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I`m trying to evaluate this limit and I need some advice how to do that. $$\lim\limits_{x\to \infty}\left(\frac{2\arctan(x)}{\pi}\right)^x $$ I have a feeling it has to do with a solution of form $1^\infty$ but do not know how to proceed. Any hints/solutions/links will be appreciated

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I assume you mean $x\to+\infty$, since otherwise the limit does not exist ($\lim_{x\to-\infty}\arctan x = -\pi/2$ and $[-1]^{-\infty}$ has no sense). –  AndreasT Jun 6 '13 at 14:11

2 Answers 2

up vote 5 down vote accepted

It could be suitably modified into something involving the limit $(1+\frac1x)^x\rightarrow e$ for $x\to\infty$. $$ \left(\frac{2\arctan x}{\pi}\right)^x ~=~ \left[1 + \left(\frac{2\arctan x}{\pi}-1\right)\right]^x $$ Let $f(x)=\left(\frac{2\arctan x}{\pi}-1\right)$; clearly $f(x)\to 0$ for $x\to+\infty$, therefore $$ \left[1+f(x)\right]^{\frac{1}{f(x)}}\longrightarrow e $$ Let us focus on the limit of $xf(x)$: using l'Hospital's rule we get $$ \lim_{x\to+\infty}x\,f(x) ~=~ \lim_{x\to+\infty} \frac{\frac{2\arctan x-1}{\pi}}{\frac1x} ~\stackrel H=~ \lim_{x\to+\infty} \frac{\frac{2}{\pi(1+x^2)}}{-\frac1{x^2}} ~=~ -\frac2\pi $$ Now, putting all together: $$ \lim_{x\to+\infty} \left(\frac{2\arctan x}{\pi}\right)^x ~=~ \lim_{x\to+\infty} \big(1+f(x)\big)^x ~=~ \lim_{x\to+\infty} \left[\big(1+f(x)\big)^{\frac{1}{f(x)}}\right]^{xf(x)} ~=~ e^{-2/\pi} $$ Generally, when you run into $1^\infty$ you can work it out in this way.

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Thank you for the solution. The addition of the general method for solving such problems is welcomed. –  SteelSoul Jun 6 '13 at 14:27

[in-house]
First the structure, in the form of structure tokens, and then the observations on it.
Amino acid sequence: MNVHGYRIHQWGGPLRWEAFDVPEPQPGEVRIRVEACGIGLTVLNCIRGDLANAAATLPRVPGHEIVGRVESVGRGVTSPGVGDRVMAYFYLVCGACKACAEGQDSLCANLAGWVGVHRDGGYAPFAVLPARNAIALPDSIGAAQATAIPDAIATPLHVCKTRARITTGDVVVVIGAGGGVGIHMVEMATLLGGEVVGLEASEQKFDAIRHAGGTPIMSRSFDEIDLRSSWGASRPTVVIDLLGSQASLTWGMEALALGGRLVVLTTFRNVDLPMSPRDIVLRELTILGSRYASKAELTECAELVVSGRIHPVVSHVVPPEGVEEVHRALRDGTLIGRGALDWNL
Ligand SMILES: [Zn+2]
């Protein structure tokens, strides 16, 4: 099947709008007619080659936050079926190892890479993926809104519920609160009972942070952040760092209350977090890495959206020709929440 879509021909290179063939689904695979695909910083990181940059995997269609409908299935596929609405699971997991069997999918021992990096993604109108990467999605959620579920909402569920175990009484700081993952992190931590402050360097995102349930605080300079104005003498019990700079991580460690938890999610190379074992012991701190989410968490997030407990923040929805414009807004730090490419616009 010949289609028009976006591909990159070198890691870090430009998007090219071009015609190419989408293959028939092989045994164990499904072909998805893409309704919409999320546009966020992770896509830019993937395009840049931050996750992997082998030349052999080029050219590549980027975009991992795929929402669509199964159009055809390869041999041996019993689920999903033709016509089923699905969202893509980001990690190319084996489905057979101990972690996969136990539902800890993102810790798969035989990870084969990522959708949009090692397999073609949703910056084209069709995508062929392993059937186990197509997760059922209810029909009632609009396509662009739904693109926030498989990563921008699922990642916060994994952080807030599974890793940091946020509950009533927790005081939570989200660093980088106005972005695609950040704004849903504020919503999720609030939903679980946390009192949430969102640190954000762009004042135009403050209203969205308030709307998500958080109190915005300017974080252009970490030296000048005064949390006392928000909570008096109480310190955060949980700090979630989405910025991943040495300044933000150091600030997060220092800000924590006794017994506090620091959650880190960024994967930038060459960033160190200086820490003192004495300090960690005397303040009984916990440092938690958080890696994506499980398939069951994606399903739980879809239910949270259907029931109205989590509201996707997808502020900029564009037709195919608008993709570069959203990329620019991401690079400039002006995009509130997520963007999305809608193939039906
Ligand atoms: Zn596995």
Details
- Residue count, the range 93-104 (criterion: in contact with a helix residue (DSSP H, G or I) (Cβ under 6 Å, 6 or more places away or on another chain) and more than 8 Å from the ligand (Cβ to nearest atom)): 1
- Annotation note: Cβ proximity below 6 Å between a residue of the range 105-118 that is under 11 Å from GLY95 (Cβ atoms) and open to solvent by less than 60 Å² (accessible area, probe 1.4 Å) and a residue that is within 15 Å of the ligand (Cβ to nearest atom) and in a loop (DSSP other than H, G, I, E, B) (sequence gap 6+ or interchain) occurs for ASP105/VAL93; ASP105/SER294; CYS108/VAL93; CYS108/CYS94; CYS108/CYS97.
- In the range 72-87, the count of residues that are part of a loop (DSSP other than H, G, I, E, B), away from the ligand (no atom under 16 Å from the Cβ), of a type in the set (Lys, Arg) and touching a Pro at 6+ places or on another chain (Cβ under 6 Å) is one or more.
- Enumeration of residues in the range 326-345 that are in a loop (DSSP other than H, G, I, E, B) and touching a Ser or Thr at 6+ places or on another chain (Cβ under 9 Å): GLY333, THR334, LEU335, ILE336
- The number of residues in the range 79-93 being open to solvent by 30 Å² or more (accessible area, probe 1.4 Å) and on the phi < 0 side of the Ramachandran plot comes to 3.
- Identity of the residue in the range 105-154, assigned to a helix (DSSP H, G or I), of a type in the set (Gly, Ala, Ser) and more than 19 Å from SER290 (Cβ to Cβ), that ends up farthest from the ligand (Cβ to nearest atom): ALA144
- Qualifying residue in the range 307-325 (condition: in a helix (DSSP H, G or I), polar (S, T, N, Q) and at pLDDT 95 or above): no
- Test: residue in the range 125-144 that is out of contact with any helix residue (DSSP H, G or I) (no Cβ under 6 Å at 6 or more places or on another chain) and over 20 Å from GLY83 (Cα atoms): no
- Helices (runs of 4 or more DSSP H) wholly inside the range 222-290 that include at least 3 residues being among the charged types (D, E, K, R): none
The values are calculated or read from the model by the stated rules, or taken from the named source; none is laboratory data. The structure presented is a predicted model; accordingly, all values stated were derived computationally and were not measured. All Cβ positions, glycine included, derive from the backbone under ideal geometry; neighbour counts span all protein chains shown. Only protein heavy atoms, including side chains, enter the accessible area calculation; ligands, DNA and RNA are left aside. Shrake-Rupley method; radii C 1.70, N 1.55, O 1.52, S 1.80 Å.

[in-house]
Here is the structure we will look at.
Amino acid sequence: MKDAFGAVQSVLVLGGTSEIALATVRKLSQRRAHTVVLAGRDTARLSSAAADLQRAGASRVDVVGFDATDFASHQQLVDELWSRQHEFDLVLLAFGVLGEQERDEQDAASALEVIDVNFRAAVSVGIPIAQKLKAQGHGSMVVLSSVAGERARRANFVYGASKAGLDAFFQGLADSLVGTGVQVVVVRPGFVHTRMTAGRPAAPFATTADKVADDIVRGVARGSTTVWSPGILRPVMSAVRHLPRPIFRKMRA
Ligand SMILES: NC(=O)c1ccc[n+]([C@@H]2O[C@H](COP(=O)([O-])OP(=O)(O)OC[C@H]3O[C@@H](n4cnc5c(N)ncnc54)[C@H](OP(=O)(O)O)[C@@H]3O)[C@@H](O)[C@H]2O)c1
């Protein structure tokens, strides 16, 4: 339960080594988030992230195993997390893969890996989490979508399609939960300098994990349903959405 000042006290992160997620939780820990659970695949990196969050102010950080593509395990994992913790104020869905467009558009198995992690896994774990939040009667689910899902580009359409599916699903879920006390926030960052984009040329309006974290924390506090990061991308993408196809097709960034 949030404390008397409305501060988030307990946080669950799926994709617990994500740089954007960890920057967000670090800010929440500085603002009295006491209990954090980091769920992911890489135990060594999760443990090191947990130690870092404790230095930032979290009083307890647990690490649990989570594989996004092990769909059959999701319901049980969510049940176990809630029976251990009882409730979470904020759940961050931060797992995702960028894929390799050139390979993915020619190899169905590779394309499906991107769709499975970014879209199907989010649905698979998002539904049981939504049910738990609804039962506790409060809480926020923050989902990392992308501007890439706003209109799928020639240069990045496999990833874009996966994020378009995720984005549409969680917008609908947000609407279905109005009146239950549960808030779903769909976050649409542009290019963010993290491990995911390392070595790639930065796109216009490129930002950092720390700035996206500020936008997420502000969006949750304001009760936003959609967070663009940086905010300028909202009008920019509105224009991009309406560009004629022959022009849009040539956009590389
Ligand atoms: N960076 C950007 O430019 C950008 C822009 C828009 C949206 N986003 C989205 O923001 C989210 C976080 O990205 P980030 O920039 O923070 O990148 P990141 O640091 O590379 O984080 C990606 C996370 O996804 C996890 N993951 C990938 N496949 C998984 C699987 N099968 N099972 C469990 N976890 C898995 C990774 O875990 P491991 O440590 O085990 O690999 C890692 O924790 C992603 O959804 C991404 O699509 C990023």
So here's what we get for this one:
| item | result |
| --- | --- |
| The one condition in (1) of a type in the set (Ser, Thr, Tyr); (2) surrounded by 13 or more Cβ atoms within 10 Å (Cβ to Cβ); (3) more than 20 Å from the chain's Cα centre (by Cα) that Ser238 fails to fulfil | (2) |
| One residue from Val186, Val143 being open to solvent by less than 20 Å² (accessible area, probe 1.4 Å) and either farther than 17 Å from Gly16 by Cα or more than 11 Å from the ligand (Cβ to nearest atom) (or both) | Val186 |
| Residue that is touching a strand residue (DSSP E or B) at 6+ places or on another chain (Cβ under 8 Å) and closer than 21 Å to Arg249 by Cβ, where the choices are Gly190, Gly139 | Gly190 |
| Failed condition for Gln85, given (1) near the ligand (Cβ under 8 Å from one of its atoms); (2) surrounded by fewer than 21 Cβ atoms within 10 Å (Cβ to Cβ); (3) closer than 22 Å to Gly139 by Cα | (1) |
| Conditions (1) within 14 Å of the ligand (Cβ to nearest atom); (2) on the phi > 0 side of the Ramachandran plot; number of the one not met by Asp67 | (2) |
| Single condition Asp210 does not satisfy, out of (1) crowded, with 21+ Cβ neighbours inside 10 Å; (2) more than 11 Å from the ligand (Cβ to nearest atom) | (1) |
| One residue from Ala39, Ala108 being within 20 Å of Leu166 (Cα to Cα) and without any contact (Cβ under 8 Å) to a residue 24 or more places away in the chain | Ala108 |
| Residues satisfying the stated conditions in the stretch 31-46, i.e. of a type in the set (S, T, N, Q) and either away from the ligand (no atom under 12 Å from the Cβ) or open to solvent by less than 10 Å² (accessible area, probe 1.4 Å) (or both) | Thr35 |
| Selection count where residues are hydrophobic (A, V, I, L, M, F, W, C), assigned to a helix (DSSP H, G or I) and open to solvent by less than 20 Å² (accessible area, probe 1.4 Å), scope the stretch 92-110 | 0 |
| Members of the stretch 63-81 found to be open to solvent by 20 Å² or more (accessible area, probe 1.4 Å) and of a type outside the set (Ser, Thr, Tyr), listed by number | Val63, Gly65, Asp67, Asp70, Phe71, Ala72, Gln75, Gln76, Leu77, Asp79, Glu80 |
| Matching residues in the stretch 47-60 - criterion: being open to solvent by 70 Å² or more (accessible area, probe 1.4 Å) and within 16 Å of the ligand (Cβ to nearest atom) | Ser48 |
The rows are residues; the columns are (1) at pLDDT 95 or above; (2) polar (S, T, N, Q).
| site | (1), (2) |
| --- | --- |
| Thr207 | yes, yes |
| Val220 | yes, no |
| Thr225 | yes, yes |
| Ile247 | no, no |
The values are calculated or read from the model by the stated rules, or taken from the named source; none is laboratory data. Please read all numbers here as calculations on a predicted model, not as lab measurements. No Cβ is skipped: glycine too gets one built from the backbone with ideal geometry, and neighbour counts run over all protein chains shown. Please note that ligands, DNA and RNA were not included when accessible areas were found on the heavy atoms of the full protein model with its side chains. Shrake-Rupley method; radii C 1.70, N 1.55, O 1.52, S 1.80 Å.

Let $L$ be the limit, if it exists. Take logs of both sides:

$$\log{L} = \lim_{x \to \infty} x \log{\left ( \frac{2}{\pi} \arctan{x}\right)}$$

Note that

$$\arctan{x} \sim \frac{\pi}{2} - \frac{1}{x} \quad (x \to \infty)$$

so we have

$$\log{L} = \lim_{x \to \infty} x \log{\left ( 1-\frac{2}{\pi x}\right)} = -\frac{2}{\pi}$$

Therefore, the limit is

$$L = e^{-2/\pi}$$

ADDENDUM

I was told that the behavior of arctan I posted in the second step is not trivial. Allow me to illustrate:

$$\arctan{x} = \int_0^x \frac{dt}{t^2+1} = \int_0^{\infty} \frac{dt}{t^2+1} - \int_x^{\infty} \frac{dt}{t^2+1}$$

The first integral is $\pi/2$. The second we can approximate because we want to consider $x$ being large, which implies that $t$ is large compared to $1$. Therefore, $t^2+1 \approx t^2$ and the second integral becomes approximately

$$\int_x^{\infty} \frac{dt}{t^2} = \frac{1}{x}$$

which is what we wanted to show.

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This is a nice solution. The second step is not that trivial though. Hard to instinctively noticed that arctanx∼π/2 − 1/x (x→∞) –  SteelSoul Jun 6 '13 at 14:25
    
@SteelSoul: it's not that hard. I'll derive it for you. –  Ron Gordon Jun 6 '13 at 14:26
    
I think it follows from the fact that the cotangent is the reciprocal of the tangent. –  Bill Kleinhans Jun 6 '13 at 20:49

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